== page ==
A Rasch analysis of the Person-Centred Climate Questionnaire – staff version Academic Article uri icon


  • BACKGROUND:Person-centred care is the bedrock of modern dementia services, yet the evidence-base to support its implementation is not firmly established. Research is hindered by a need for more robust measurement instruments. The 14-item Person-Centred Climate Questionnaire - Staff version (PCQ-S) is one of the most established scales and has promising measurement properties. However, its construction under classical test theory methods leaves question marks over its rigour and the need for evaluation under more modern testing procedures. METHODS:The PCQ-S was self-completed by nurses and other care staff working across nursing homes in 35 Swedish municipalities in 2013/14. A Rasch analysis was undertaken in RUMM2030 using a partial credit model suited to the Likert-type items. Three subscales of the PCQ-S were evaluated against common thresholds for overall fit to the Rasch model; ordering of category thresholds; unidimensionality; local dependency; targeting; and Differential Item Functioning. Three subscales were evaluated separately as unidimensional models and then combined as subtests into a single measure. Due to large number of respondents (n = 4381), two random sub-samples were drawn, with a satisfactory model established in the first ('evaluation') and confirmed in the second ('validation'). Final item locations and a table converting raw scores to Rasch-transformed values were created using the full sample. RESULTS:All three subscales had disordered thresholds for some items, which were resolved by collapsing categories. The three subscales fit the assumptions of the Rasch model after the removal of two items, except for subscale 3, where there was evidence of local dependence between two items. By forming subtests, the 3 subscales were combined into a single Rasch model which had satisfactory fit statistics. The Rasch form of the instrument (PCQ-S-R) had an adequate but modest Person Separation Index (< 0.80) and some evidence of mistargeting due to a low number of 'difficult-to-endorse' items. CONCLUSIONS:The PCQ-S-R has 12 items and can be used as a unidimensional scale with interval level properties, using the nomogram presented within this paper. The scale is reliable but has some inefficiencies due to too few high-end thresholds inhibiting discrimination amongst populations who already perceive that person-centred care is very good in their environment.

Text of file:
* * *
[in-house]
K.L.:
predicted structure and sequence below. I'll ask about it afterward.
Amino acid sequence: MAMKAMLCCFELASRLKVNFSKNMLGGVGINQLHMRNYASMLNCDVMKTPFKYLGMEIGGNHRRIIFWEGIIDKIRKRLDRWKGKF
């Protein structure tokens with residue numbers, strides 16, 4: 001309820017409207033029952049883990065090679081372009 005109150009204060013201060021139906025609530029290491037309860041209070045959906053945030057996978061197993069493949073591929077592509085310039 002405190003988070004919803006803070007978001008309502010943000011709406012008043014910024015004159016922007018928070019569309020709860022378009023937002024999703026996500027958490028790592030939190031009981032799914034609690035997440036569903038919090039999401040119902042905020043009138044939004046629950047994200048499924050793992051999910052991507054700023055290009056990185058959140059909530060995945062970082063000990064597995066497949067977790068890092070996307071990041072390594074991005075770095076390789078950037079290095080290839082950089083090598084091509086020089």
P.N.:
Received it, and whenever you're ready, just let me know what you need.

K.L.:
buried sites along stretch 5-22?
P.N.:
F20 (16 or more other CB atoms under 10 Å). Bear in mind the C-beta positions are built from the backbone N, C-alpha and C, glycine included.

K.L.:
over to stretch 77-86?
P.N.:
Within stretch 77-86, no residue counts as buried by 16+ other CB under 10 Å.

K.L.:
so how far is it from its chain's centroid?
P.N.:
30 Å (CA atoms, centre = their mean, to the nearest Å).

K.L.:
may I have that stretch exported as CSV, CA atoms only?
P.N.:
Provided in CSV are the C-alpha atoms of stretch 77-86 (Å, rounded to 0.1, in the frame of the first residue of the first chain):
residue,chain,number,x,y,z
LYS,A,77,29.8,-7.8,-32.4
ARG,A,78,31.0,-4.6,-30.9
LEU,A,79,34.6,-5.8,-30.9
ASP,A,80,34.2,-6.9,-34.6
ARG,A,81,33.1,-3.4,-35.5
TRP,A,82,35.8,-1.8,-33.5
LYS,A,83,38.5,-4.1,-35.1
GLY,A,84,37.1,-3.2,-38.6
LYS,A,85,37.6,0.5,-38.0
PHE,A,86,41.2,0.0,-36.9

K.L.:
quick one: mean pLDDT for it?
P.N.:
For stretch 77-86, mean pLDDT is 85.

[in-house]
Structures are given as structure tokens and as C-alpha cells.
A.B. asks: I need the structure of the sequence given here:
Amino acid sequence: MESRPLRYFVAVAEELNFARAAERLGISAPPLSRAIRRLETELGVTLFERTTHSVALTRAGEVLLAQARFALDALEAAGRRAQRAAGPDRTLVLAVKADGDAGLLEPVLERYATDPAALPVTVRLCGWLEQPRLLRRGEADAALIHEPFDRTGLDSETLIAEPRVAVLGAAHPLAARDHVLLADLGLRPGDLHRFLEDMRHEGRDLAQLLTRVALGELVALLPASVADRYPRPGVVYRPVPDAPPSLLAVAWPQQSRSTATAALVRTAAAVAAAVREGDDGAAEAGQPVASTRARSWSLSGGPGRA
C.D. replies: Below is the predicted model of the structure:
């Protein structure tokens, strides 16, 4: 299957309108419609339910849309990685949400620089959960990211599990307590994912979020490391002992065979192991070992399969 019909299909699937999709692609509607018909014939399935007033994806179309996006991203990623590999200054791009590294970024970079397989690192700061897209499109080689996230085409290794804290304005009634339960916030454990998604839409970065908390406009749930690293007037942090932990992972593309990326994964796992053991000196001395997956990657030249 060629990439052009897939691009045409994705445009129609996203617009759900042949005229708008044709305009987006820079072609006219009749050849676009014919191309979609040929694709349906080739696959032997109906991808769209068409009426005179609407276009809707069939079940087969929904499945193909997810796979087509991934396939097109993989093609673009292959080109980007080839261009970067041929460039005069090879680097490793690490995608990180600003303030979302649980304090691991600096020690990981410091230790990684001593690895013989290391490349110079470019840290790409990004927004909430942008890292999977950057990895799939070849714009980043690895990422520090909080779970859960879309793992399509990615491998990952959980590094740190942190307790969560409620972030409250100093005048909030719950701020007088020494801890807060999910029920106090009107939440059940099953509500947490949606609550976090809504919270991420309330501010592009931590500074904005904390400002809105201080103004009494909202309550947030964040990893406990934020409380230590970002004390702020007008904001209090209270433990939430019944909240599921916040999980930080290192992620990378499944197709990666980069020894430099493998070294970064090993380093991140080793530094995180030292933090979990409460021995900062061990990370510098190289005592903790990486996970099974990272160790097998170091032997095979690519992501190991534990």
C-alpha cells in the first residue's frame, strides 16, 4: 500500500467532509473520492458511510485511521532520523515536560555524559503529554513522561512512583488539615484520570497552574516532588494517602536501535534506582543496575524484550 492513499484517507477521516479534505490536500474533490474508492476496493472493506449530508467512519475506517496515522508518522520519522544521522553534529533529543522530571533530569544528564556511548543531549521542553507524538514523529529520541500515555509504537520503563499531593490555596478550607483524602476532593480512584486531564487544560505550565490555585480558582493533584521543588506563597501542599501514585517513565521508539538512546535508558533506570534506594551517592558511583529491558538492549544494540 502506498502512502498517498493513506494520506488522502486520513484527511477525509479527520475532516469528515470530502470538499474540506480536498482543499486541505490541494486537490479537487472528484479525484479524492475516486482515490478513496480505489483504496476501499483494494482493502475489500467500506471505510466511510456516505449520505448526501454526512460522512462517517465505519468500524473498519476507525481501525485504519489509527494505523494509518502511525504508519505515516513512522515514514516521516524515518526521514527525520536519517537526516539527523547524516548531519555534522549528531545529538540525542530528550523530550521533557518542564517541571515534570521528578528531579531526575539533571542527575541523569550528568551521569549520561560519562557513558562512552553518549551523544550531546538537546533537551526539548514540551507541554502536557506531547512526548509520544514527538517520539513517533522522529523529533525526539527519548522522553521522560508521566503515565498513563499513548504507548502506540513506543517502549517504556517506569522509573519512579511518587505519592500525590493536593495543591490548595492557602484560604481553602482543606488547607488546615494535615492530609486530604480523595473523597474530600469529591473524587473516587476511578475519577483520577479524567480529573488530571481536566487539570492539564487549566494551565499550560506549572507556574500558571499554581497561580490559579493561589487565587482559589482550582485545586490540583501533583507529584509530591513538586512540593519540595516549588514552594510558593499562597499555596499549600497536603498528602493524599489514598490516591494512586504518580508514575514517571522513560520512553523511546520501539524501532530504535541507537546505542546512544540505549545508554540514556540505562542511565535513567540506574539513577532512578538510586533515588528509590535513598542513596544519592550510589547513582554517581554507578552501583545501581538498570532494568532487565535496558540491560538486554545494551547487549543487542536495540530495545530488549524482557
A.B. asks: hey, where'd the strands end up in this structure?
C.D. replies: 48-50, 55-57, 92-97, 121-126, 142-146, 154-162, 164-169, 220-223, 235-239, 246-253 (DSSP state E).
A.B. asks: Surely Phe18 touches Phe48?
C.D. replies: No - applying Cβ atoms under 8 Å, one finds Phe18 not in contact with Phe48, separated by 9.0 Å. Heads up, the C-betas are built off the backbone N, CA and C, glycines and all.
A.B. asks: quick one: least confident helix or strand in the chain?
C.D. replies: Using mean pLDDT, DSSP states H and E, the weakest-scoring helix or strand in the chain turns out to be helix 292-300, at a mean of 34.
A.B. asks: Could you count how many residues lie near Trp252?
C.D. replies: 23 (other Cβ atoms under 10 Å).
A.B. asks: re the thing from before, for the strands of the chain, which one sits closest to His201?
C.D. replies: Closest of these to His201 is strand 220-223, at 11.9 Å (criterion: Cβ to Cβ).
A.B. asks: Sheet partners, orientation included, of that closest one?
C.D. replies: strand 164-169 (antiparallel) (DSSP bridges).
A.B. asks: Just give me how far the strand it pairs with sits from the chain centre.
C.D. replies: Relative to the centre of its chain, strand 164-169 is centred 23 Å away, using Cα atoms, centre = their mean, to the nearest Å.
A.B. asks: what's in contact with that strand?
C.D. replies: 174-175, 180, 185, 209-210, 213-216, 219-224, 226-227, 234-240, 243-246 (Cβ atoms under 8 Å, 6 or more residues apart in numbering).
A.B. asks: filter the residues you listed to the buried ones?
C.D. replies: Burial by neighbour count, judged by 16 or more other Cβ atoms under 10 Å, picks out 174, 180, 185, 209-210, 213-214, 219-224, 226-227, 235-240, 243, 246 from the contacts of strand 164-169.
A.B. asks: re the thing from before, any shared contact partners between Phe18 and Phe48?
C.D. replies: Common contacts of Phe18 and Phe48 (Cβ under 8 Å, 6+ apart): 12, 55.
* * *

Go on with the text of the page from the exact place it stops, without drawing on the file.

publication date

  • 2019